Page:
[Article updated on 7 September 2017]

Epicurus of Samos, who flourished not long after Aristotle died, founded a school of philosophy that convened at his home and garden in Athens and that dedicated itself to attaining happiness through the exercise of reason and the application of rational principles. According to Epicurus, reason teaches that pleasure is good and that pain is bad, and that pleasure and pain are the ultimate measures of good and bad. This has often been misconstrued as a call for rampant hedonism, rather than the absence of pain and tranquillity of mind that Epicurus actually had in mind. Indeed, Epicurus explicitly warned against overindulgence, because overindulgence so often leads to pain.

The Feast of Achelous, by Peter Paul Rubens.
Source: Wikicommons

On the Divine 

Epicurus wrote prolifically, but the early Christians thought of him as especially ungodly among the ancient philosophers, and almost none of his works survived their disapprobation. Epicurus held that the gods exist, but that they have absolutely no concern for, or even awareness of, humankind. Indeed, for them to get involved in the menial matters of men would be to perturb the supreme happiness and tranquillity that characterizes and defines them. Human beings should seek to emulate the gods in their supreme happiness and tranquillity, but they need not to fear them.

On Death

Neither need they to fear death, this for two principal reasons. (1) The mind of a person is a part of his body, and, just like other parts of his body (and everything else in the universe), it consists of atoms. The death of the person entails the death of both his body and his mind and the re-dispersion of their atoms. As there is no longer any person to be troubled, death cannot trouble the person after he is dead. And if death cannot trouble the person after he is dead, then nor should it trouble him while he is alive (this is an early formulation of the famous ‘no subject of harm argument’). (2) The eternity that comes before a person’s birth is not regarded as an evil. Therefore, nor should the eternity that comes after his death (an early formulation of the famous ‘symmetry argument’).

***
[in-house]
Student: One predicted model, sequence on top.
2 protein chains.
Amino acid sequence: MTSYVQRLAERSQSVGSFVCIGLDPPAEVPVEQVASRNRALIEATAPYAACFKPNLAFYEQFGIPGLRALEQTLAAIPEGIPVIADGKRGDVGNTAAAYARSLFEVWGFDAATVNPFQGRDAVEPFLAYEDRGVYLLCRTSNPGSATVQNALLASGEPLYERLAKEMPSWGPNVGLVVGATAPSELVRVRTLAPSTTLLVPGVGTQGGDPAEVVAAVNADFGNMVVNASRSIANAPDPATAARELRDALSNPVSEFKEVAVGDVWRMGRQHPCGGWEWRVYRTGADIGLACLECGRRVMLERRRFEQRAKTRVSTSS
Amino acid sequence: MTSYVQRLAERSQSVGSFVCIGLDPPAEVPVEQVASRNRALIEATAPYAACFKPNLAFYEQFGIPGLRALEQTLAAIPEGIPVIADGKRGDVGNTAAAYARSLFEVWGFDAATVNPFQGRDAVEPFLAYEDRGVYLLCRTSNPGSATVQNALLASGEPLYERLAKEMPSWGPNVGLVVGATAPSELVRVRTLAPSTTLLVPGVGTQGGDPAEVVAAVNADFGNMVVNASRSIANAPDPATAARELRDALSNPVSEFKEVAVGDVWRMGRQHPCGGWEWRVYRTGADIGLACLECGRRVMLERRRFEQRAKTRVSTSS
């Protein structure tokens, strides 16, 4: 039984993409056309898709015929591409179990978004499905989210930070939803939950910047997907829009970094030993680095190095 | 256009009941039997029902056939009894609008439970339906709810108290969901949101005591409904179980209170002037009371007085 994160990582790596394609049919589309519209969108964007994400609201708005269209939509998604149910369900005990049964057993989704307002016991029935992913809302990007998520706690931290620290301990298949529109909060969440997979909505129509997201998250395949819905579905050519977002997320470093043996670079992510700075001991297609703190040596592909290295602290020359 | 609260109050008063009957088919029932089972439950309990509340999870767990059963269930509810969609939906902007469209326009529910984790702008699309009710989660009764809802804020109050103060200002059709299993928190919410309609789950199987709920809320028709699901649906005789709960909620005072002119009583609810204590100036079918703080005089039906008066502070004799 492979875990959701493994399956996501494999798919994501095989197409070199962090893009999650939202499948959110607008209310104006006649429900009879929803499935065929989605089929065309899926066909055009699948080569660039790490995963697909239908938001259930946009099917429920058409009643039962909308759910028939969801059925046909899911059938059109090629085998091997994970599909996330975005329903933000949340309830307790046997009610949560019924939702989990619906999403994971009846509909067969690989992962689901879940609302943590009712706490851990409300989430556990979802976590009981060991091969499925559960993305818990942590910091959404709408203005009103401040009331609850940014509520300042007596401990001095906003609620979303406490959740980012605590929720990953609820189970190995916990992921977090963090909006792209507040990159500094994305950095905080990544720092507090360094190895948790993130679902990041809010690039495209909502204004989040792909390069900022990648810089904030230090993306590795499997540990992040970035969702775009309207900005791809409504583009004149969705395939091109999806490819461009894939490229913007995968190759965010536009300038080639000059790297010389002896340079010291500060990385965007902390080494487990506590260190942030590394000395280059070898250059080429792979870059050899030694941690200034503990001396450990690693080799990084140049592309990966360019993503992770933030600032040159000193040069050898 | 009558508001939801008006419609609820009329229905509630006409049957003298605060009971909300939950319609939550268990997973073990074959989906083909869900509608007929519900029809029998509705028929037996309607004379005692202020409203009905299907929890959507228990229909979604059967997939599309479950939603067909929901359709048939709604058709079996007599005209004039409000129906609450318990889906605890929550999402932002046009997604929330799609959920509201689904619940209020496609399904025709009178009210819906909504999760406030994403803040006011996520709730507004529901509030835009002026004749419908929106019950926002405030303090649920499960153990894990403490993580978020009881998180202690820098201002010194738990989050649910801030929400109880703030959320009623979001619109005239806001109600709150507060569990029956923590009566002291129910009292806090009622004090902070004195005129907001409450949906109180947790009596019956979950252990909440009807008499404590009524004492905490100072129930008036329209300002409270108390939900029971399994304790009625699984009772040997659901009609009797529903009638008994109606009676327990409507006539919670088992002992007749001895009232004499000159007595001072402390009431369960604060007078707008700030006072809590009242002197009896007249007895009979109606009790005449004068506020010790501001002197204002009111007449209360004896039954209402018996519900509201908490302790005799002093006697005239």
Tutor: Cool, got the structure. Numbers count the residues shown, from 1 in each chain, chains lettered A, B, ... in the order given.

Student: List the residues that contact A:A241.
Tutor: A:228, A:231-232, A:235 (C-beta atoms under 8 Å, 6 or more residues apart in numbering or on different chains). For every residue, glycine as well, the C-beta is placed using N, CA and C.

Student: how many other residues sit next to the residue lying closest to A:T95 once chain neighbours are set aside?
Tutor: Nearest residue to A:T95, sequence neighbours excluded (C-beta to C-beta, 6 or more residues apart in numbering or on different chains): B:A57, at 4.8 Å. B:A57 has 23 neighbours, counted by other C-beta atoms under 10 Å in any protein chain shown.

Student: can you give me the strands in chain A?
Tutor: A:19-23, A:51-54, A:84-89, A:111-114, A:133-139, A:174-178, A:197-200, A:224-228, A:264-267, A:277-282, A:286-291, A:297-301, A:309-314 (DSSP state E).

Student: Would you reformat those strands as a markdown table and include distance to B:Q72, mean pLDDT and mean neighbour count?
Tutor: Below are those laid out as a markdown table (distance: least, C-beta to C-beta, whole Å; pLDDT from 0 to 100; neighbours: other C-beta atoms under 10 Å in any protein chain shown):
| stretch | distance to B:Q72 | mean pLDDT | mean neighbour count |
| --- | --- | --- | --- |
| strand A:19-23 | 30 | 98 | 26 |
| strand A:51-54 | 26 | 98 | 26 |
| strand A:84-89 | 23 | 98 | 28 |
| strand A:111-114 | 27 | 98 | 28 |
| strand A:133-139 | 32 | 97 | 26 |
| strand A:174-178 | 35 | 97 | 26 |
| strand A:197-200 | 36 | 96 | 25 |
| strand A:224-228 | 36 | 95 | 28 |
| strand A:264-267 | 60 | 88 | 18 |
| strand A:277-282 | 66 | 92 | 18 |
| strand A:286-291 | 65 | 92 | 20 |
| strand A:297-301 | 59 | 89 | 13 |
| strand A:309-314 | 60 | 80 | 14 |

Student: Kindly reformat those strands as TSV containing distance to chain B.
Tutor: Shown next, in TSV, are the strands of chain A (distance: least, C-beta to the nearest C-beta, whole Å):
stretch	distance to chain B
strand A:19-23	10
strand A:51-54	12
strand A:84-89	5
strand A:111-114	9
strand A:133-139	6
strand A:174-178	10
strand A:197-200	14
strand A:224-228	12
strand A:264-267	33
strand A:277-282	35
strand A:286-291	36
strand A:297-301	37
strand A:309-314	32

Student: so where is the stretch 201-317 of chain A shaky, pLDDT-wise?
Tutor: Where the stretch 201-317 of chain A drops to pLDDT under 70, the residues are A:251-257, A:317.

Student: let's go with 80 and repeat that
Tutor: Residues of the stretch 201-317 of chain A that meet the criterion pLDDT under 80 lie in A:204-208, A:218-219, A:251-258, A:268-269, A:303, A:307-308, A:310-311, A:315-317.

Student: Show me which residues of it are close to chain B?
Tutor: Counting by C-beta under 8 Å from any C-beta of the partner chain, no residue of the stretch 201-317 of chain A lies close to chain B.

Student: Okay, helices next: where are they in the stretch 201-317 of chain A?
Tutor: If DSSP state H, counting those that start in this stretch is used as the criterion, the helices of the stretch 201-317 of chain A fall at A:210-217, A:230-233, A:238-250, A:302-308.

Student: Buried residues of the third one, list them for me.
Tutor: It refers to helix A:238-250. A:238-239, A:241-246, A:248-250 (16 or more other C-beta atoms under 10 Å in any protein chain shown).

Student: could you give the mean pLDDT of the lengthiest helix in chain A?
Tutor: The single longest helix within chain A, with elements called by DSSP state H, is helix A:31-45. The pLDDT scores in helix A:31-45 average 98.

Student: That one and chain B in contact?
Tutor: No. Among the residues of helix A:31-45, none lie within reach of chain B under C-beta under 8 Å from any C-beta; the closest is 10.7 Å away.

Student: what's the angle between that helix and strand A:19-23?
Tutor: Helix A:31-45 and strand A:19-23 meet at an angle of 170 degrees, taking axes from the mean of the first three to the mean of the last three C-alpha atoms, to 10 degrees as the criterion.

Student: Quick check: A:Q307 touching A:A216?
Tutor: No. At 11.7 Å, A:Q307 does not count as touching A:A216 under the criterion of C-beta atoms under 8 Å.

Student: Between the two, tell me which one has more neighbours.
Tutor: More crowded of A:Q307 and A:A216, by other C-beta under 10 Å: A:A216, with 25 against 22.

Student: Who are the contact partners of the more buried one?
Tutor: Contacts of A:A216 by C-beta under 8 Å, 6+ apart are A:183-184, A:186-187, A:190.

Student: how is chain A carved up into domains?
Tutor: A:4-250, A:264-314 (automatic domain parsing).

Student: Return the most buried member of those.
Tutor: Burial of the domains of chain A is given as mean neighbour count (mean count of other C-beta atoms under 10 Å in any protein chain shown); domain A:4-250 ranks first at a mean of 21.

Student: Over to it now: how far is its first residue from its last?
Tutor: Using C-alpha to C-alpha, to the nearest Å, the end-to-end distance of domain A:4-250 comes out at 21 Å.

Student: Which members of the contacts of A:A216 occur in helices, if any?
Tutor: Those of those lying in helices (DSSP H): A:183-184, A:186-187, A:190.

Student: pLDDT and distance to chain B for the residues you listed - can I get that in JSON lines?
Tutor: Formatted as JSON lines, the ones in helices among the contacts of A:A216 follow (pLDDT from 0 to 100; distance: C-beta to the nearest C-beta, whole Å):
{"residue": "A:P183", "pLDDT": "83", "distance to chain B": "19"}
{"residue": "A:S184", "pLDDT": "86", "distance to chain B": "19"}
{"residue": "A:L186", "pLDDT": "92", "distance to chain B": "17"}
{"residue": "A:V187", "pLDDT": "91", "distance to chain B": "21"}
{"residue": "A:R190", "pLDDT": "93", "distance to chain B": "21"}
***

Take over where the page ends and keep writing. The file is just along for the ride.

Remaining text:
Epicurus himself died at the age of 72 from renal colic (kidney stones), which is associated with one of the sharpest and most intense of all bodily pains. On the last day of his life, he penned this remarkable letter to his friend and follower Idomeneus, which is nothing if not a testament to the overriding powers of philosophy.

I have written this letter to you on a happy day to me, which is also the last day of my life. For I have been attacked by a painful inability to urinate, and also dysentery, so violent that nothing can be added to the violence of my sufferings. But the cheerfulness of my mind, which comes from the recollection of all my philosophical contemplation, counterbalances all these afflictions. And I beg you to take care of the children of Metrodorus, in a manner worthy of the devotion shown by the young man to me, and to philosophy.

On Pleasure

Epicurus agrees with Aristotle that happiness is an end-in-itself and the highest good of human living. However, he identifies happiness with the pursuit of pleasure and the avoidance of pain rather than with the pure exercise of reason. Pleasure is the highest good, and anything else that is good is so only by virtue of the immediate or deferred pleasure that it can procure. The behaviour of infants confirms that human beings instinctively pursue pleasure and that all of their actions, including those that may be construed as being either virtuous or altruistic, are ultimately aimed at obtaining pleasure for themselves. Just as human beings can immediately feel that something is hot or cold, colourful or dull, so they can immediately feel that something is pleasurable or painful. However, not everything that is pleasurable should be pursued, and not everything that is painful should be avoided. Instead, a kind of hedonistic calculus should be applied to determine which things are likely to result in the greatest pleasure over time, and it is above all this hedonistic calculus that many people are unable to handle.